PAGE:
A survey of the competitive strategies used by NGO Microfinance institutions in Nairobi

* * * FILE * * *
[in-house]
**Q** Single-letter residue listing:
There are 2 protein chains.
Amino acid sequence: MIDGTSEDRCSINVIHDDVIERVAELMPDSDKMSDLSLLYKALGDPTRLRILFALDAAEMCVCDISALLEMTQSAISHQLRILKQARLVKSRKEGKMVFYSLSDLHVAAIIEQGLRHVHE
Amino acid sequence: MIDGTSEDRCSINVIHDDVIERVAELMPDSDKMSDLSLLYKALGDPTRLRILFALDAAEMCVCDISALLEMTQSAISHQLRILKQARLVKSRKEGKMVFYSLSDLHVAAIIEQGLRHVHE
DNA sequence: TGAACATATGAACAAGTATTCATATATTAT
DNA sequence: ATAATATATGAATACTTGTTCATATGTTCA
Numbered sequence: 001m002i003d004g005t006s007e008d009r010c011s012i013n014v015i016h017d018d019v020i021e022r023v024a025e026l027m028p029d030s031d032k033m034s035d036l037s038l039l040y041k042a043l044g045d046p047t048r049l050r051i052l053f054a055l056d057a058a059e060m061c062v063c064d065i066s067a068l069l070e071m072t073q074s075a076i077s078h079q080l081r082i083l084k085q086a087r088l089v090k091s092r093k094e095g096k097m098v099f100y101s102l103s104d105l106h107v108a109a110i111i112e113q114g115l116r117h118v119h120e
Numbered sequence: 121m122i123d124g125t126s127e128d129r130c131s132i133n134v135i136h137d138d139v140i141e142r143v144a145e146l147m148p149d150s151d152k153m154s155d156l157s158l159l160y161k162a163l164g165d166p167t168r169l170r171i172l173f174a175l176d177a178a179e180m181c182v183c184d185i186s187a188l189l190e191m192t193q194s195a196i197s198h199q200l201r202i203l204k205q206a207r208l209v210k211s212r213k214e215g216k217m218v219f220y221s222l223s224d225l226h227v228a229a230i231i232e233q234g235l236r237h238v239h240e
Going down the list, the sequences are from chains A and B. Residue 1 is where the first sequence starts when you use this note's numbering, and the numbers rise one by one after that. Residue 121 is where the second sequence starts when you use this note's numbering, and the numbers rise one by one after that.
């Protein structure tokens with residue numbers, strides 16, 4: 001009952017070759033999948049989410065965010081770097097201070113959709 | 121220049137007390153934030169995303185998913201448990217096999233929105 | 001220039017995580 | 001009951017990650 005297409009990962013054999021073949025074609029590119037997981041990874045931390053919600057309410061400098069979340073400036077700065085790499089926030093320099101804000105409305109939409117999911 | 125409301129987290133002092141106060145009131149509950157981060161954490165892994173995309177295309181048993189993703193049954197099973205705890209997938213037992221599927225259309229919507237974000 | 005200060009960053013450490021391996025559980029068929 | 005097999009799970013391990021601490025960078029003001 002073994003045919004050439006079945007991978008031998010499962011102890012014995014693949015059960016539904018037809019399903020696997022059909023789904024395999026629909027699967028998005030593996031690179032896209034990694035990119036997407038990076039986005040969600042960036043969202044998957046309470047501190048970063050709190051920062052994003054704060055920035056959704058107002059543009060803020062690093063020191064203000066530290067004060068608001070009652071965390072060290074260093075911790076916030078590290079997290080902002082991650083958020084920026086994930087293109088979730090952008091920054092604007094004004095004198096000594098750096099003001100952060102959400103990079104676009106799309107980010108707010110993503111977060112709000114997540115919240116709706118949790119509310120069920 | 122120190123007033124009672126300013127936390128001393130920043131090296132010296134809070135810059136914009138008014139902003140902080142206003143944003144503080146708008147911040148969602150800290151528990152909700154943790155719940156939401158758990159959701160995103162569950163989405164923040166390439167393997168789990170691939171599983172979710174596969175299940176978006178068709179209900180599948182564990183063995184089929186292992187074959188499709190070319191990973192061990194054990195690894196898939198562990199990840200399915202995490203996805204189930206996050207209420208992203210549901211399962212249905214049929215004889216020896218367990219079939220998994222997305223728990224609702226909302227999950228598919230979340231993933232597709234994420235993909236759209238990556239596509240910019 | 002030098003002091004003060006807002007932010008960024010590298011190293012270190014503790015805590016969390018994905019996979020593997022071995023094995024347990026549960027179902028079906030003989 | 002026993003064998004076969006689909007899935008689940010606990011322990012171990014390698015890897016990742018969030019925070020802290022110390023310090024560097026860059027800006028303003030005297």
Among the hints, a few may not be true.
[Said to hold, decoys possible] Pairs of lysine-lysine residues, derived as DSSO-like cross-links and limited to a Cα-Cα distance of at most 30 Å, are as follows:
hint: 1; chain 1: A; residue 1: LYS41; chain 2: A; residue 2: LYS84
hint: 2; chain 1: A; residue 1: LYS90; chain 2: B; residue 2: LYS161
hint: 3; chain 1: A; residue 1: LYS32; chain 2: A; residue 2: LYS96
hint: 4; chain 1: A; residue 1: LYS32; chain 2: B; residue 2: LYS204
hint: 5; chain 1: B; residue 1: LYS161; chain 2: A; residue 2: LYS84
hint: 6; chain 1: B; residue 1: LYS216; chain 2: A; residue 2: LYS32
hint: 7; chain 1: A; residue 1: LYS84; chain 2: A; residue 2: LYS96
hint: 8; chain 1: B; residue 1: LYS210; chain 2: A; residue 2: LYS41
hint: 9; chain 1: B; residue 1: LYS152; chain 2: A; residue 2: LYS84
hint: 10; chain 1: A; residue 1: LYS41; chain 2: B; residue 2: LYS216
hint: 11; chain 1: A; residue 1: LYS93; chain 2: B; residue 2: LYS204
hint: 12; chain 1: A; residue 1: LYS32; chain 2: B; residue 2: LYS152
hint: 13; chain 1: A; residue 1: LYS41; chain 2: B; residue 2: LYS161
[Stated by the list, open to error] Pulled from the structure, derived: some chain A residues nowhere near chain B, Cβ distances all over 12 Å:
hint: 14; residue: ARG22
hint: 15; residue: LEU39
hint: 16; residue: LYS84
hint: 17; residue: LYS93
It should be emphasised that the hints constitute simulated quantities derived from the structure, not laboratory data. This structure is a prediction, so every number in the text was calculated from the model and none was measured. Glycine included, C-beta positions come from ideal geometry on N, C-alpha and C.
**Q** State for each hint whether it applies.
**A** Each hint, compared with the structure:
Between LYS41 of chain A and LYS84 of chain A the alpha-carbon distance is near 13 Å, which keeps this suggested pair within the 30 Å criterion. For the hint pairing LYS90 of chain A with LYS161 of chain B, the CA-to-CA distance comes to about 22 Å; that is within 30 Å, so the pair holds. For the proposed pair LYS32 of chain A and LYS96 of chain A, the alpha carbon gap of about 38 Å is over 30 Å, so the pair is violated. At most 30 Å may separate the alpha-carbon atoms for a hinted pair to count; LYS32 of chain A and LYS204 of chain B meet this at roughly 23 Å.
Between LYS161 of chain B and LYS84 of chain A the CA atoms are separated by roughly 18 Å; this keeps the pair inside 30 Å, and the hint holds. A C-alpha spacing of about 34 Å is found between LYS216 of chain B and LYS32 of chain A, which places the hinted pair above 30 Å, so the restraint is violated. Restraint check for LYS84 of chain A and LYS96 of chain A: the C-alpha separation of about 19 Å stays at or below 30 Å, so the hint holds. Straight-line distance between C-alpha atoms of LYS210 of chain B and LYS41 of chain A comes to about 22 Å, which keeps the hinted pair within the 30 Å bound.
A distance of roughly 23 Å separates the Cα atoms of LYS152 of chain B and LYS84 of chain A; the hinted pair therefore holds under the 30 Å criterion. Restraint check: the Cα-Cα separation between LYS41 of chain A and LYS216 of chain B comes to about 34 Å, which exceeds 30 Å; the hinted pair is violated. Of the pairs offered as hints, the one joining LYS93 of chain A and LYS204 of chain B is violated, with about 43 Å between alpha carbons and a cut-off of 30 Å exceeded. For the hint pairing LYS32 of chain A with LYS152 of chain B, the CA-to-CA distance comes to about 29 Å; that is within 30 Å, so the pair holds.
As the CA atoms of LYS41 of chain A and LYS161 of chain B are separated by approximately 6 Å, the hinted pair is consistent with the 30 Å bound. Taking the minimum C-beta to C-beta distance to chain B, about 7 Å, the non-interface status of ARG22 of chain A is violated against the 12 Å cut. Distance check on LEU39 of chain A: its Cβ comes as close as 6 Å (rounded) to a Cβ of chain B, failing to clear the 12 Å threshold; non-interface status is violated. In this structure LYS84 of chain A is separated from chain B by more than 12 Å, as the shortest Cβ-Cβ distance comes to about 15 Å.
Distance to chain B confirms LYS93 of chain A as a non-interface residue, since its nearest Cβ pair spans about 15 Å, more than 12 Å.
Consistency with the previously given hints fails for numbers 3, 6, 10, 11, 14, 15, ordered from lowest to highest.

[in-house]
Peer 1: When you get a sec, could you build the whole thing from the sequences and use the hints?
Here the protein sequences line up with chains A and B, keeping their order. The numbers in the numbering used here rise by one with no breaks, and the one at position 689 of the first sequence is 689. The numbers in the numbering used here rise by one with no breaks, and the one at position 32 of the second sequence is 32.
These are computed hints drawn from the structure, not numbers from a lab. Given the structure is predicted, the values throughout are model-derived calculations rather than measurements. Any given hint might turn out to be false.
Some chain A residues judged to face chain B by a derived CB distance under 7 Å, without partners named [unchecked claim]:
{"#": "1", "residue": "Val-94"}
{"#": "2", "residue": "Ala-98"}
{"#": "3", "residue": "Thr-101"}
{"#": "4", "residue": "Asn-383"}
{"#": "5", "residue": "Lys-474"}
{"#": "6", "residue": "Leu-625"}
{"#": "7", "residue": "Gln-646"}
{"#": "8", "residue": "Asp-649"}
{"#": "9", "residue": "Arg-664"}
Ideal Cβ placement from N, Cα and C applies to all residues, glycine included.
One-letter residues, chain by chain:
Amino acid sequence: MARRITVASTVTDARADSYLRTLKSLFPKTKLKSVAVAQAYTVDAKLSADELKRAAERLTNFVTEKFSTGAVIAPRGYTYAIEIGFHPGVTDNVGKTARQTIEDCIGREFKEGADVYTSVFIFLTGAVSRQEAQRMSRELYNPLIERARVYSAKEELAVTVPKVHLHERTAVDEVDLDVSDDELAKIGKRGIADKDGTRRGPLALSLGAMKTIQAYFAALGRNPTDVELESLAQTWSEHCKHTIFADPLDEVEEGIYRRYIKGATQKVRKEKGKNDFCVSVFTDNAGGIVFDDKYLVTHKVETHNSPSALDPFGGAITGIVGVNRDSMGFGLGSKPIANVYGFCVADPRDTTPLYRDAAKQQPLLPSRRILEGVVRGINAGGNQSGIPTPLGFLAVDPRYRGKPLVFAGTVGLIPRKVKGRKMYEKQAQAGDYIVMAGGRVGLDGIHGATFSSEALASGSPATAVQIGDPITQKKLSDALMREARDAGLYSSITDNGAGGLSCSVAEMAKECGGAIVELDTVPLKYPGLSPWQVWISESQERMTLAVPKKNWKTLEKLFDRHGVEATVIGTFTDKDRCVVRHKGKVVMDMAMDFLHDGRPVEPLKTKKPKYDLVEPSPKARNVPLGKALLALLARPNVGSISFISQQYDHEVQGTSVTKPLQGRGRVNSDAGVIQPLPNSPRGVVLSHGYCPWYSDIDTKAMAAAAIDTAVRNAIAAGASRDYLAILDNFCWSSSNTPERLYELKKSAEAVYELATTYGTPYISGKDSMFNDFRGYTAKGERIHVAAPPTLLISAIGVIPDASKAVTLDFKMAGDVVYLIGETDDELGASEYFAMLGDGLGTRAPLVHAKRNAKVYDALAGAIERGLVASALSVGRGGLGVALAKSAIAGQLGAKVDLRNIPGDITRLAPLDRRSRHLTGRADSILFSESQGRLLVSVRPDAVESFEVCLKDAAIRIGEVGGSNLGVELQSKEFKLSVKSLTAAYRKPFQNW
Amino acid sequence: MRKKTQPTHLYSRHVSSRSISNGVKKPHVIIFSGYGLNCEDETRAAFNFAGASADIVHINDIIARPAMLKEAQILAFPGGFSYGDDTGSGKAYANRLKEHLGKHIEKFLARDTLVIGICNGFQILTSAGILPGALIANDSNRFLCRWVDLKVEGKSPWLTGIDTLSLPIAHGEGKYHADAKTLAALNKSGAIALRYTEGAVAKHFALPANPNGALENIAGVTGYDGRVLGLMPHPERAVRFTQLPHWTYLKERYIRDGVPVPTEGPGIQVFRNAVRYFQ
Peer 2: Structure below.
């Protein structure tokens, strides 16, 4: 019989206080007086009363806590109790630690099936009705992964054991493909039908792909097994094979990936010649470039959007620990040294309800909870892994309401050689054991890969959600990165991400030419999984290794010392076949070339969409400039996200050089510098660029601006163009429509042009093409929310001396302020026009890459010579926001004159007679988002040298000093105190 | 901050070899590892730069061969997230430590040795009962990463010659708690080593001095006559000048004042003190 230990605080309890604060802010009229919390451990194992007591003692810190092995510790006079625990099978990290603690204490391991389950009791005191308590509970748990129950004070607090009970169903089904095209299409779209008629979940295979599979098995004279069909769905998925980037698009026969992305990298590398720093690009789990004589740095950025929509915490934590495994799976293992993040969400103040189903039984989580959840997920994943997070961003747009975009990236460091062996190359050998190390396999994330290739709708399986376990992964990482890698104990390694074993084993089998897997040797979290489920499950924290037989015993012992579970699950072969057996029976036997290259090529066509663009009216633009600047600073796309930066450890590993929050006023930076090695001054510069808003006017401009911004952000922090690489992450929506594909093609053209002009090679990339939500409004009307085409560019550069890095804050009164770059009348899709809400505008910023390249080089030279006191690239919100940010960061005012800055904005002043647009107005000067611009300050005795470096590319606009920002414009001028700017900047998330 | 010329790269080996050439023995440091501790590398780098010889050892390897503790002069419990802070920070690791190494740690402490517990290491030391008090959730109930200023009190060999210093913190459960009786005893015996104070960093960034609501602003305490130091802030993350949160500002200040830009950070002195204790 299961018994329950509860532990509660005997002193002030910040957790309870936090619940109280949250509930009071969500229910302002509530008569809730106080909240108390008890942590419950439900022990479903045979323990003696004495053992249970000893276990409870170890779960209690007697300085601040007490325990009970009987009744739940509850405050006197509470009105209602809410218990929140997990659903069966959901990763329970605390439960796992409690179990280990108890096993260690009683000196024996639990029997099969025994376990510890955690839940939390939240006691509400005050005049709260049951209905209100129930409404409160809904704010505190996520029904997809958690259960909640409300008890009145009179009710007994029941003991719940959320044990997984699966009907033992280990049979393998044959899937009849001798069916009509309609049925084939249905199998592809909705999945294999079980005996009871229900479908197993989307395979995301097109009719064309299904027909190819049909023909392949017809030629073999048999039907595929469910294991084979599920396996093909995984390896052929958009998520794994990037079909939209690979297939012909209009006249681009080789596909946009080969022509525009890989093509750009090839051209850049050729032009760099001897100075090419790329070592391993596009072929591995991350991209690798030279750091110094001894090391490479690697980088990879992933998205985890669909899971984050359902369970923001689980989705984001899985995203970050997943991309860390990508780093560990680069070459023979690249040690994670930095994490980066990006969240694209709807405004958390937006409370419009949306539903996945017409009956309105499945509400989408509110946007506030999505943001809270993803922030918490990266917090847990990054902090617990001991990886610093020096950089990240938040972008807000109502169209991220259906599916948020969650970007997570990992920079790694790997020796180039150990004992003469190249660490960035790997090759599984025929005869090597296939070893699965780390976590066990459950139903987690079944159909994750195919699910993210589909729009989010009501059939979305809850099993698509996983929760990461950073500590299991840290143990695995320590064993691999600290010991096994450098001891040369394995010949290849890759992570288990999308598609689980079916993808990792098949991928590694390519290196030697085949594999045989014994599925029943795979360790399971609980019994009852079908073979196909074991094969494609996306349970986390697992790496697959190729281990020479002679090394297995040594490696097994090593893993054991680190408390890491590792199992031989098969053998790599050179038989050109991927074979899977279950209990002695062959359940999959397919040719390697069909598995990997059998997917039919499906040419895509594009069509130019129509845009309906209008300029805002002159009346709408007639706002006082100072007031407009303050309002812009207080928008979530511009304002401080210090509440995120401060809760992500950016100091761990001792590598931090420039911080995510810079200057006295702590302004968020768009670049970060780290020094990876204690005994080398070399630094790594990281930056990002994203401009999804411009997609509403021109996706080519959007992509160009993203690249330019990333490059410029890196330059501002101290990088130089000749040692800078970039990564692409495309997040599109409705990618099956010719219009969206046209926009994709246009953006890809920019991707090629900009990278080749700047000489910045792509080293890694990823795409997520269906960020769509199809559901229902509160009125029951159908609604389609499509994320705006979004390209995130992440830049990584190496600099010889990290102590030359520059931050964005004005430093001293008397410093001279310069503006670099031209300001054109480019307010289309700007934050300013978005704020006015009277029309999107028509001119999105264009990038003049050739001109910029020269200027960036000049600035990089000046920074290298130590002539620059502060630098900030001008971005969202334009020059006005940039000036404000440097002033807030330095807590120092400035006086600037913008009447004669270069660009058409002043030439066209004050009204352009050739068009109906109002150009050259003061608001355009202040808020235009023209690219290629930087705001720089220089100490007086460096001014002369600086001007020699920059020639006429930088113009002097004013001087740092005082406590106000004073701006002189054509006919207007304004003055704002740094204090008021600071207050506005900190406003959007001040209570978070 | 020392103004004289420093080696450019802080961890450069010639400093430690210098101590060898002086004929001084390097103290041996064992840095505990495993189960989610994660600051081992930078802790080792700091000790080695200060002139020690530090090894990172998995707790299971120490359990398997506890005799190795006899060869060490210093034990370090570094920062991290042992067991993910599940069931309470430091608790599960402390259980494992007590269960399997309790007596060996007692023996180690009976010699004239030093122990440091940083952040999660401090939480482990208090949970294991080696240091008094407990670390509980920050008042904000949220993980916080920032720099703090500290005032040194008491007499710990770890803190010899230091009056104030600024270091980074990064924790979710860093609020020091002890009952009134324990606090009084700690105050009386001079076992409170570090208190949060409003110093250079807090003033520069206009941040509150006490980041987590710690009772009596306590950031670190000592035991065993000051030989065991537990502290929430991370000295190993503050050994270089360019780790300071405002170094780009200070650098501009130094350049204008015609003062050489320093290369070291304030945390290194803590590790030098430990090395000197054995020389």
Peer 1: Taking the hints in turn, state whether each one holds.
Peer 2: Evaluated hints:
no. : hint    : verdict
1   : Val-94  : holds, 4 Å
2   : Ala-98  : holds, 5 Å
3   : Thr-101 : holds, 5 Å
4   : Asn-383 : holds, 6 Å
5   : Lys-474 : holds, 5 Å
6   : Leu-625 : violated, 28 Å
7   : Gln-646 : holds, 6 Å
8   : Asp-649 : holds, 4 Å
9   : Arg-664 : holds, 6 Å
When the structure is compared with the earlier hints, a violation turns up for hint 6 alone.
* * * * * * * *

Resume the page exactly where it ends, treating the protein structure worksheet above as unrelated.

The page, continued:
The financial market is served by players who are formal, semi formal and informal. Among the players are NGOs that have been offering microfinance services. These NGOs are firms that are limited by guarantee and most of them were initially set up as non-profit making institutions. Some fundamental changes have taken place in the microfinance sector. They include increase in the number of players; NGOs, Cooperative Societies and Banks, reduced donor financing and increased donor pressure that these NGO MFls become sustainable. No funding was guaranteed and NGO MFls have had to rely on their customers and business to survive. All these factors have led to NGO MFls to employ various competitive strategies to survive. This study sought to establish and document the various competitive strategies used by NGO MFls in Nairobi to compete effectively in the industry. The study also sought to establish the competitive challenges faced by the respondents as they operate in the industry. There are 9 NGO MFls in Nairobi according to records, both at the NGO, Coordination Bureau and at the Association of Microfinance Institutions in Kenya (AMFI). Therefore a census study was carried out for the organizations. Data was collected through a questionnaire method. All the questionnaires were administered through the drop and pick later method due to unavailability of CEOs or their designates. The response rate was 56%. The findings of the study indicate that the respondents mostly employ strategies related to transaction processing. The most utilized strategies were identified as making the loan application process quick and simple, employing competent staff, easing the process of becoming a customer, making repeat loans processing quick and convenient, offering high quality services, ensuring loans are available when needed and ensuring there are sufficient funds at all time to meet savings withdrawal requests by customers. The least utilised strategies were identified as de-linking savings from loans i.e. not using forced savings to guarantee loans, allowing higher savings withdrawal frequencies and giving staff incentives. Based on calculated mean scores the respondents identified imitation by other competitors, accessing finances to fund operations and loan portfolio, staff tum over, shared vision between management and the Board of Directors the 3 major competitive challenges.